8 Still from the pilot, 2013.

7Still from the pilot, 2013.

6Still from the pilot, 2013.

6Still from the pilot, 2013.









The Crosswind (feature film, development)


My father had us down as members of the master race, but my brother DOUGLAS and I had other ideas. At 33, Douglas was still living at home and working as a dogsbody at the family trucking company. I was more adventurous; I abandoned my dentistry degree for further studies in Paris and became a writer. 15 years later I was all washed up and dabbling in small affairs with my English students. My wife, CELIA, saw where things were headed: ‘Why don't you go back and take over the family business?’ Strauss Transport had long been an out-dated enterprise, and with the abrupt retirement of my parents, the family fortune was going down the tubes. The old man had always sneered at my humanistic ideals; now it was time to do things my way.

So we quit Paris, and moved into the old family home with Douglas, in the quiet suburbs of Cape Town. I set about ‘modernising’ the business and negotiating better contracts with the drivers and their Union representative, MR NKOSI. In an ideal world Nkosi and I were soul brothers. But the Marxism of the Sorbonne was not the Marxism of the townships. And affable as he was, Mr Nkosi had a grudge to bear. My sleeping partner, the veteran HARRY SCHULZ, was quick to smell trouble. ‘If Nkosi gets a foothold here, your life will become hell! Life is a question of mind over matter, Max!’ I’d known Harry since I was a child; he was serious Cape Town mafia. He gave me 3 months to get things sorted out, failing which he was selling his share in the business to the highest bidder.  

Meanwhile Celia was starting to have doubts. She doubted me (and to be honest, who wouldn’t?). She also hadn’t reckoned on the cultural wilderness of those suburbs. She missed Paris; grabbing a quick espresso and a cigarette between meetings, even the metro started to take on a rosy hue. Living with my free-spirited brother wasn’t helping either. In one of my dreams, I woke in the early hours to find Douglas and Mr Nkosi on the front lawn, whacking my practice golf balls deep into the suburban night.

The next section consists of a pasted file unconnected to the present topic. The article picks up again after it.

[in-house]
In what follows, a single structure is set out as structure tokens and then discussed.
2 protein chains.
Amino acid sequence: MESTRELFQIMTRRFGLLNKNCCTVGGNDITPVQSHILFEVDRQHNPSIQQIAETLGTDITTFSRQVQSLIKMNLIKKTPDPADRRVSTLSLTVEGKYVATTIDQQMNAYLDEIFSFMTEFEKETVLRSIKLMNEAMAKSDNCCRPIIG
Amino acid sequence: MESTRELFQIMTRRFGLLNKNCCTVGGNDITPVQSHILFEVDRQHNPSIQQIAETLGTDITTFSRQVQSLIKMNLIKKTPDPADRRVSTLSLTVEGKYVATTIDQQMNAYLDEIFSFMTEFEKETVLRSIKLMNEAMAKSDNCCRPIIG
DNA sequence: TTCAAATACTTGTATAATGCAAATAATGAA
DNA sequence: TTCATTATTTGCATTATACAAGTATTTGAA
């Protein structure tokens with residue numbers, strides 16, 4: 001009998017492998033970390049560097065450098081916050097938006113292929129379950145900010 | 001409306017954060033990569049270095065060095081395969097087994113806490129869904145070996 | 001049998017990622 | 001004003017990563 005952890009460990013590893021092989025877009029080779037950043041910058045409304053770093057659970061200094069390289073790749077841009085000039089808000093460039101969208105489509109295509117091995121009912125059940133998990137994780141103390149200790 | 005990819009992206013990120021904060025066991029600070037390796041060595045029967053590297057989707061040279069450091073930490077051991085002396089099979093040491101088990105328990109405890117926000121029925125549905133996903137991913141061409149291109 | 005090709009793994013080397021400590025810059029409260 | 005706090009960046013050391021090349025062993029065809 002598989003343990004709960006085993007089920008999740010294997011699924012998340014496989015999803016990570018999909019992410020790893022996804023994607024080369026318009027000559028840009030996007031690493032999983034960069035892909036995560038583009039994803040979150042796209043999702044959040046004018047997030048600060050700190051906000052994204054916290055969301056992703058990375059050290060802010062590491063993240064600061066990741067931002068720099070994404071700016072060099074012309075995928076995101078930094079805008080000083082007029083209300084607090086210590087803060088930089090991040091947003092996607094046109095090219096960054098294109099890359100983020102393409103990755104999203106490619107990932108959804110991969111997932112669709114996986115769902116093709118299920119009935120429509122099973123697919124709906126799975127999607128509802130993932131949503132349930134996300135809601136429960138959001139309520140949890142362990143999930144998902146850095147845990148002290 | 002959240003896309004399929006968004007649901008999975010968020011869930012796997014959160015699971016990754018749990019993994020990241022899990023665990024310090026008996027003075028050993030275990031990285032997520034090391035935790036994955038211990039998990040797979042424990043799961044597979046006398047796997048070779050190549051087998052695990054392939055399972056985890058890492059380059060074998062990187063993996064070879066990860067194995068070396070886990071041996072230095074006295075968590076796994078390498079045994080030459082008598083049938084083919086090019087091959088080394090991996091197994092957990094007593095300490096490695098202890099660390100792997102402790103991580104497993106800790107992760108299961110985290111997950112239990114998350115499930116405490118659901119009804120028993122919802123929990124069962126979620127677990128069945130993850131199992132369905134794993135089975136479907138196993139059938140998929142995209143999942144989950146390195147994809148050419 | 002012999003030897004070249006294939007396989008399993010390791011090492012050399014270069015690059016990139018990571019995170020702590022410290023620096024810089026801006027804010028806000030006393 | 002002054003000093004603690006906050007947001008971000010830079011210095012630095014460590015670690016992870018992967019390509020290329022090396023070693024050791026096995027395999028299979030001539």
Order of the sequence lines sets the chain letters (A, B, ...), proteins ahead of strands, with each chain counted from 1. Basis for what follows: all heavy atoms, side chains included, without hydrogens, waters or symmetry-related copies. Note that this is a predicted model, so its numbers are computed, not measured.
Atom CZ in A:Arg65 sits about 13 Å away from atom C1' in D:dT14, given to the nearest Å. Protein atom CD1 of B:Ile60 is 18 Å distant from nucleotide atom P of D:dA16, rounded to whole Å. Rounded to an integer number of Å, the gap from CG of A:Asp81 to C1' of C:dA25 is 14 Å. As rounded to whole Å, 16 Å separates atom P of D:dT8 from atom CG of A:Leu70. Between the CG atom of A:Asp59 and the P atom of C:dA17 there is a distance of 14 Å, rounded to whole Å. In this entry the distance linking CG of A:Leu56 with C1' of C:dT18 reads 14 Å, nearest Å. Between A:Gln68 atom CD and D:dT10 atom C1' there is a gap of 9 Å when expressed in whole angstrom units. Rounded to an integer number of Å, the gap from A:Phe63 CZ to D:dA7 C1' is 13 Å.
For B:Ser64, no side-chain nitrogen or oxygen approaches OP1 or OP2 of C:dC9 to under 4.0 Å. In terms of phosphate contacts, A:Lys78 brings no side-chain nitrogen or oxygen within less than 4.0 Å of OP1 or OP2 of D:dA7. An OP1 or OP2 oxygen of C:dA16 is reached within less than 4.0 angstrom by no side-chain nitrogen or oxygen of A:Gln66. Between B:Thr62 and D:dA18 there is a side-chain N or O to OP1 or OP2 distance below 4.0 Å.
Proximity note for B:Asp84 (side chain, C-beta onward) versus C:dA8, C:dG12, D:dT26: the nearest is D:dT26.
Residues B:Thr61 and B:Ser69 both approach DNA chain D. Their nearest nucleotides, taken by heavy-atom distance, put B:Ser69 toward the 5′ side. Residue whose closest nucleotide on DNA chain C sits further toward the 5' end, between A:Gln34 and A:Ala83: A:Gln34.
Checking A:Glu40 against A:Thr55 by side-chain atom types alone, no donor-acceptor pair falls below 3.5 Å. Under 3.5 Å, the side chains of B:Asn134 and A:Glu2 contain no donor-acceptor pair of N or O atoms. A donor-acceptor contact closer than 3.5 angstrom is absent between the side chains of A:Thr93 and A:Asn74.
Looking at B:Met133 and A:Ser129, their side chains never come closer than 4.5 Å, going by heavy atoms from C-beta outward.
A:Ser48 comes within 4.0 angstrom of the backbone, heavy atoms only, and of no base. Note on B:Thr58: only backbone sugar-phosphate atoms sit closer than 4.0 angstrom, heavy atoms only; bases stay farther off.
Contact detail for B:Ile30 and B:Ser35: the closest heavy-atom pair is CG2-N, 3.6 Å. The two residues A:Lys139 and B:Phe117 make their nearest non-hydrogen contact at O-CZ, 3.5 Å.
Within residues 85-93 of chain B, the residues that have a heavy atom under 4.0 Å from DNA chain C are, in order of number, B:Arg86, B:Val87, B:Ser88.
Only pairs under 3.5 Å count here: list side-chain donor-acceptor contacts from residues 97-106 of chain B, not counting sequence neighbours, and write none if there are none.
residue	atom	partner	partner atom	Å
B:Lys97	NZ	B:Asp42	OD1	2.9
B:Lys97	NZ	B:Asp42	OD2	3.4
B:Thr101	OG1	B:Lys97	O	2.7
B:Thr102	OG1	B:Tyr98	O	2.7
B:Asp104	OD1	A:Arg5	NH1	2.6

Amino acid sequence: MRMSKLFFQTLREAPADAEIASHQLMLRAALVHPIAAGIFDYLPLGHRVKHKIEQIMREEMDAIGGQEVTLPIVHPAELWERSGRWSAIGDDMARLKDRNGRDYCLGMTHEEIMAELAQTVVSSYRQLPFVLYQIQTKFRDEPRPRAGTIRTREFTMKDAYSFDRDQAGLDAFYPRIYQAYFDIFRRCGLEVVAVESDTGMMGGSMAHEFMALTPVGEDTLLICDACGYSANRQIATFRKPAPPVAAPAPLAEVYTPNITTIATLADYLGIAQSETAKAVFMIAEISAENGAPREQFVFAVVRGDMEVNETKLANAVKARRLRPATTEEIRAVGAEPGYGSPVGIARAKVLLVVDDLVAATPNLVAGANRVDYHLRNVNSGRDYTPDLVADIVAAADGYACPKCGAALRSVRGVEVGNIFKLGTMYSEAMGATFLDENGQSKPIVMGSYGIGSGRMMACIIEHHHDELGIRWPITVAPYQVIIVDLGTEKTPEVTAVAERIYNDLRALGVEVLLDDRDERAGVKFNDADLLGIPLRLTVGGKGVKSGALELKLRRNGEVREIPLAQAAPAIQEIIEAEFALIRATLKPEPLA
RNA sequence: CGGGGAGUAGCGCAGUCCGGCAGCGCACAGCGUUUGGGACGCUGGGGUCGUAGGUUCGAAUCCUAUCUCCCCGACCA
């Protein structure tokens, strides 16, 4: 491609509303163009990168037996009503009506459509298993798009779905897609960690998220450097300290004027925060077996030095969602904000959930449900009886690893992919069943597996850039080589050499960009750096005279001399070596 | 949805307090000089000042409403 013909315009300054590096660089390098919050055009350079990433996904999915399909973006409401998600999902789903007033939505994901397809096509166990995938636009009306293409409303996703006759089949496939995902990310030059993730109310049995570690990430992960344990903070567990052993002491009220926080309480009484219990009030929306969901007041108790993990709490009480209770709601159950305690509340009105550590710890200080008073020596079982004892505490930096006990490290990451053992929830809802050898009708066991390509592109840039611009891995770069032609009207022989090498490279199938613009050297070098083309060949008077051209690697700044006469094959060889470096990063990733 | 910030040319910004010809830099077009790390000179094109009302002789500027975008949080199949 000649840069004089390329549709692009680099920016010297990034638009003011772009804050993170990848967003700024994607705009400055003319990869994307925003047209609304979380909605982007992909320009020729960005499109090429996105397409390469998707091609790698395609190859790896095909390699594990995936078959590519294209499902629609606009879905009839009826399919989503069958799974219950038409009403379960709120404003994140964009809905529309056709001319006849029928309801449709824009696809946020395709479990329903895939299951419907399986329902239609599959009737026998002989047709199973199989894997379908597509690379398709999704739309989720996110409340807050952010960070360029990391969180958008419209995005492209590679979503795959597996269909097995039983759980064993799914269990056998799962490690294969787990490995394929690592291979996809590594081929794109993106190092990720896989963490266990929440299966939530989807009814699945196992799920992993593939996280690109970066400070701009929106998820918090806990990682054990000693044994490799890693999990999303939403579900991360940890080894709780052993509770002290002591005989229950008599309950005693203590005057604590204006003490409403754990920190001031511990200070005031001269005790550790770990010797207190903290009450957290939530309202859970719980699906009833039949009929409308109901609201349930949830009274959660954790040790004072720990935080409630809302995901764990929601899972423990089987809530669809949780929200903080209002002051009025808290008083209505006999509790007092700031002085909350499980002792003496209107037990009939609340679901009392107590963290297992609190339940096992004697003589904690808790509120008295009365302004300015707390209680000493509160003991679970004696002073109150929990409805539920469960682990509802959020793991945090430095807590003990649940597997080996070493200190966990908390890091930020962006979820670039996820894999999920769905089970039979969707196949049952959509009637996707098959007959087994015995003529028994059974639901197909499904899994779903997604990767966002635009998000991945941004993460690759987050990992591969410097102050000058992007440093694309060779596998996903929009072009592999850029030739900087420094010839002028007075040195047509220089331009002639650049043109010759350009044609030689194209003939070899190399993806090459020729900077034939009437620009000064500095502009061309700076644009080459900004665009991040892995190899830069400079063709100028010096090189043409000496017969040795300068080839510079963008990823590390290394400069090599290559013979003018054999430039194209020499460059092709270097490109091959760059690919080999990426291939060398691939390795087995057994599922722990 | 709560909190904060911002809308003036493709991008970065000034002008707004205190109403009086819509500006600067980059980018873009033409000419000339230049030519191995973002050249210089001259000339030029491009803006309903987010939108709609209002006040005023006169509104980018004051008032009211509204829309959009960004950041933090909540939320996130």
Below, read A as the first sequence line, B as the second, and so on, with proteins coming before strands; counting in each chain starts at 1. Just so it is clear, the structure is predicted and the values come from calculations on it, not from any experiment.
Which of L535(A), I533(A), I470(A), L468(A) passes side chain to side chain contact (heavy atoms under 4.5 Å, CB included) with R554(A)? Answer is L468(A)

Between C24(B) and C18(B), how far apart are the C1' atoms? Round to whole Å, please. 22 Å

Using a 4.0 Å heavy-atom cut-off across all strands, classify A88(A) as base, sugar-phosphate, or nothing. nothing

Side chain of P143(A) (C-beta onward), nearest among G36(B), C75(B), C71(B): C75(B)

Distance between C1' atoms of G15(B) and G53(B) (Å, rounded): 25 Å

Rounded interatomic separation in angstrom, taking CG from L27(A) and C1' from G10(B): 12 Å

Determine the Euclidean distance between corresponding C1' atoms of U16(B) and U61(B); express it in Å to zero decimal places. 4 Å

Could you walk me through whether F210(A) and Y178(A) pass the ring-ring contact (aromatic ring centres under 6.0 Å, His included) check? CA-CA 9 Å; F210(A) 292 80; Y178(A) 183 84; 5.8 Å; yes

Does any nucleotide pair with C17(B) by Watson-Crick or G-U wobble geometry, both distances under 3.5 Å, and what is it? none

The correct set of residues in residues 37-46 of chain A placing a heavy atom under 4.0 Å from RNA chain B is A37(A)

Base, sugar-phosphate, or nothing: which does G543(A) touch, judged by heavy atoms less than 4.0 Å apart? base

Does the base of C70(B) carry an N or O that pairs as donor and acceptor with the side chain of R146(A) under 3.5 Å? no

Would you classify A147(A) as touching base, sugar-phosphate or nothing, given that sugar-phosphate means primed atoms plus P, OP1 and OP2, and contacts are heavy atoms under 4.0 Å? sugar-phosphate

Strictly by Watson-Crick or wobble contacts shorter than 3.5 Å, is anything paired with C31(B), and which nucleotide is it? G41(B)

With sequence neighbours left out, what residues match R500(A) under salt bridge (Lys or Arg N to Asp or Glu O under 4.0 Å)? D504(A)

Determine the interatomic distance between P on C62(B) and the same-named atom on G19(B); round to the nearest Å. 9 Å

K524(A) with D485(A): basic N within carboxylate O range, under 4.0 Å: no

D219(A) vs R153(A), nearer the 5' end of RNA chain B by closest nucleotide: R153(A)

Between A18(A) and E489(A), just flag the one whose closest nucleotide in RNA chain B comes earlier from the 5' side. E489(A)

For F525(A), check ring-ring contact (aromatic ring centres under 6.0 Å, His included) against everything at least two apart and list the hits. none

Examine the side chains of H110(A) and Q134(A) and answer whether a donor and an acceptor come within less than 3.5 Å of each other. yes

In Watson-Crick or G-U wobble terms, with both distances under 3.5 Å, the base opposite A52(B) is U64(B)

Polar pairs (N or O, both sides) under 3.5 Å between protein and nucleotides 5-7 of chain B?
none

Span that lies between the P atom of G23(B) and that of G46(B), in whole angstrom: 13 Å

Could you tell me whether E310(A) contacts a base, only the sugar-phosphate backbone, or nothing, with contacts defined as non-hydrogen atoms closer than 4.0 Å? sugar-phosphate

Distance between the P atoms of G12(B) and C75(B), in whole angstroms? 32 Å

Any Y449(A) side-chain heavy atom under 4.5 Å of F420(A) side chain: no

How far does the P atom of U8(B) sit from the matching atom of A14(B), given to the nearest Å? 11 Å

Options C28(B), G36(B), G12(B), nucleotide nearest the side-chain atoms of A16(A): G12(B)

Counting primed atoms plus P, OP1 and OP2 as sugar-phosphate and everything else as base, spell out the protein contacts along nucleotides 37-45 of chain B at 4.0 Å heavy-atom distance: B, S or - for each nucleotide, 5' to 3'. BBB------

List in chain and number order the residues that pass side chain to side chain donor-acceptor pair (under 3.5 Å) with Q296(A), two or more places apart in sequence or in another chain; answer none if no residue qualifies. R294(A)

Douglas was still licking his wounds from an unhappy affair with Harry’s daughter, Karen, who had disappeared off to London. Now she was back, camping in Harry’s spare bedroom while she pondered her next step. But she was in for a bad surprise. Harry had never known how to put money aside for a rainy day.  So Karen came and volunteered her services to help me get the company back on track. Of course when she ran into Douglas in the front office (and personally I think that’s all she was really after), her good intentions went out the window. Douglas played the jilted lover, but the perfume of sex still lingered and they were soon back to their hedonistic ways.

I was starting to get over my previous failures and enjoy the grit of my new life; the dust, the smell of oil and tyres, my capable manageress… But something was amiss. One of the drivers called in to say that a delivery Harry had urgently sent him to take care of, was getting weird. What was Harry involved in? Then Mr Nkosi came in, accusing Douglas of sexually harassing one of the men, and threatening to take us to the Labour Tribunal if I didn’t give in to their impossible demands. But, Harry was keeping close tabs on the developments. He knew every trick in the book. And so today: a visit at home from a self-styled township vigilante, Mr Panado. The true depth of the situation is starting to become apparent.

produced by Helen Olive, 5 A 7 films